Gift-like sales

If you sell an asset to someone for a low price, it may be treated as a gift-like sale. If the price is lower than the asset's fair market value, the buyer may have to pay gift tax.

If you and your buyer agreed to set the selling price to 75% (¾) or less of the fair market value of the asset, the sale is regarded as a gift-like sale. Then the difference between fair market value and actual selling price is regarded as a gift subject to gift tax. A gift tax return must be filed to the Tax Administration.

Read more about the valuation of gifts

The price includes all payments and benefits going to the seller

Examples of the benefits or payments to be included in the total price (often referred to as the total consideration):

  • The selling price that the buyer pays the seller in cash
  • Any debts that the seller has that the buyer agrees to pay up
  • Benefits that the buyer agrees to give the seller later, including pension or accommodation
  • Exchanged assets or property going from the buyer to the seller (the fair market value of such assets is included in the total consideration)
  • Other payments the buyer agrees to make, such as heating bills and electric power in connection with accommodation.

Examples of what is not treated as being part of the total price:

  • A part of the sold asset or property that the seller keeps (such as a parcel of land not included in the property sale transaction)
  • In a housing company, an apartment's specific share of an unpaid housing-company loan that reduces the apartment's value
  • A right including possession, usufruct, live-in tenancy of the seller or a third party, provided that this right does not involve an action that the buyer must take (such as a requirement that the buyer must pay heating bills in connection with a live-in tenancy)
  • A right to cut wood, withheld by the seller, on a sold parcel of forest land.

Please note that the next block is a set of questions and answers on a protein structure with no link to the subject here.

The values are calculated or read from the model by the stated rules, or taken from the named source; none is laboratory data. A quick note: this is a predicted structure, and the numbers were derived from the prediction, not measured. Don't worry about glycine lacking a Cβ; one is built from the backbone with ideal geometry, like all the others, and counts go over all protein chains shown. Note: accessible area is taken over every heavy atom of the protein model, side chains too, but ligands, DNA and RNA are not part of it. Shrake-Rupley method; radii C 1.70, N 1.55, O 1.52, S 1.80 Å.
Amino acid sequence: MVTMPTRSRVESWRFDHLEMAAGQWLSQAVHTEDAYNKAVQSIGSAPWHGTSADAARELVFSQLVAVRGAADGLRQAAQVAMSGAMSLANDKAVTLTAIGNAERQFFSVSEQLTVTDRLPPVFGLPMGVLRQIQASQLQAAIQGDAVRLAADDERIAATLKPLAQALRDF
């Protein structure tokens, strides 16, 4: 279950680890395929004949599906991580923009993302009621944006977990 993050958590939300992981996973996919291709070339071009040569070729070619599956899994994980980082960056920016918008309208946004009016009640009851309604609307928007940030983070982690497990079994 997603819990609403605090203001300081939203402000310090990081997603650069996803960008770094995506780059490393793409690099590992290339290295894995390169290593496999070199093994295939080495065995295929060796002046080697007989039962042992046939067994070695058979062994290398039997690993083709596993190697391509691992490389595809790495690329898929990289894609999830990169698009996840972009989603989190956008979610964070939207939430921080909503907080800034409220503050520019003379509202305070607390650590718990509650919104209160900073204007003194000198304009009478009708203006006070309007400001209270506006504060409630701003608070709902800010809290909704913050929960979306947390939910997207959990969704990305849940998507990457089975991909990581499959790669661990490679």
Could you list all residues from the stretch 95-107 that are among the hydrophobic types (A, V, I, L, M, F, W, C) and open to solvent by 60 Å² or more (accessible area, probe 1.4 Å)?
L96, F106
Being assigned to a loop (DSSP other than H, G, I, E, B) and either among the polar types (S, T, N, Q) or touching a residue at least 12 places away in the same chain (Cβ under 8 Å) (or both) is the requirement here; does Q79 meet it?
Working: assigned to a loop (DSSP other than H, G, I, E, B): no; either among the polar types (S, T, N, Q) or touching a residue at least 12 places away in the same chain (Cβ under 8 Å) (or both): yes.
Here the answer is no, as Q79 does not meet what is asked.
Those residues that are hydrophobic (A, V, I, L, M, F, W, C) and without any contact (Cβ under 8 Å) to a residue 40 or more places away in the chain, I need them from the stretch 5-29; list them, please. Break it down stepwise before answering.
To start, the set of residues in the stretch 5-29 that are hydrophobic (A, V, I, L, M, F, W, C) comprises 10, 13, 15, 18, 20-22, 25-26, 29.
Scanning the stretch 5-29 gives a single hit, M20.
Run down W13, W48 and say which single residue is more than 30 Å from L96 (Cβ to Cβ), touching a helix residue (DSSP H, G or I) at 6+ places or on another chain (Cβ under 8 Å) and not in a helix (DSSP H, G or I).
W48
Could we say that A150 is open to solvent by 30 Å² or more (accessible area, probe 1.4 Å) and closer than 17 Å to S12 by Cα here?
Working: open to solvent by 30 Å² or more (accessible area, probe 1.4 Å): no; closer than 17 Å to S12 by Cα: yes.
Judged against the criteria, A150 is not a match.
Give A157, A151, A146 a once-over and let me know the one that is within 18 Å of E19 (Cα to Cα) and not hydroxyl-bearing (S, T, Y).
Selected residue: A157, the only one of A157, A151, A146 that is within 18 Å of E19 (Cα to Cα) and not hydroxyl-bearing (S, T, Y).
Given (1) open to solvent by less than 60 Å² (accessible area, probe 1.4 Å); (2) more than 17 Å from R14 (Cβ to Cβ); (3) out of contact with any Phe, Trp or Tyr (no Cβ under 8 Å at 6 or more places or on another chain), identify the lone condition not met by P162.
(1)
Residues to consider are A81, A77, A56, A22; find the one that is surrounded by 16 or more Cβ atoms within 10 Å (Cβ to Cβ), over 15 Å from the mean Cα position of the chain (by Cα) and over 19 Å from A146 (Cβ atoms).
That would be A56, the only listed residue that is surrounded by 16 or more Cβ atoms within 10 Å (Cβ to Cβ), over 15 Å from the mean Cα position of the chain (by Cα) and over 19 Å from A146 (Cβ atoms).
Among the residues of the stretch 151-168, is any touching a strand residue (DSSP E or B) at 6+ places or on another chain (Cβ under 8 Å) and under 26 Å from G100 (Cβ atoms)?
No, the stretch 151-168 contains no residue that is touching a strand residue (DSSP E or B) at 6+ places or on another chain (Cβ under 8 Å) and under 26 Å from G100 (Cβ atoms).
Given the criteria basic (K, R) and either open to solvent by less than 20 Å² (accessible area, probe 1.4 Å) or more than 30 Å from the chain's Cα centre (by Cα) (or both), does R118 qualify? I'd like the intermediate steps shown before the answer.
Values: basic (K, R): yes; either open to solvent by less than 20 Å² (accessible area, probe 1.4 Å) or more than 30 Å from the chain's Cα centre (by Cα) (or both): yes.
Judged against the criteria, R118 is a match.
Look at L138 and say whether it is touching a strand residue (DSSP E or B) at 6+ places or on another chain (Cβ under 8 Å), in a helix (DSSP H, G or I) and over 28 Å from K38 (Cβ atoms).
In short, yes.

Example: Antti sells his daughter Liisa an apartment for €130,000 but its fair market value is €200,000. Consequently, total consideration is 65% of fair market value (€130,000 / €200,000). Liisa is treated as receiving a gift worth €70,000 (the fair market value €200,000 minus the paid consideration €130,000).  Gift tax under the first bracket on a gift worth €70,000 in 2017 equals €6,500.  If the selling price were €150,000 or higher (going over the 75-percent threshold), Liisa would pay no gift tax.


Example: Antti gives his daughter Liisa a unit of real estate with a fair market value of €150,000. When Antti bought the real estate, he borrowed money from the bank. The loan balance stands at €50,000 on the date when Antti gives it away to Liisa. Liisa agrees to pay off the rest of the loan, which the bank now registered as a loan to Liisa. Because the loan is transferred to Liisa in connection with the donation, there is a payment of consideration from Liisa to Antti amounting to €50,000. This way, the value of the real estate for gift tax purposes is €100,000 (€150,000 – €50,000). Gift tax under the first bracket on a gift worth €100,000 in 2017 equals €10,100.

Difference less than €5,000 between fair market value and payment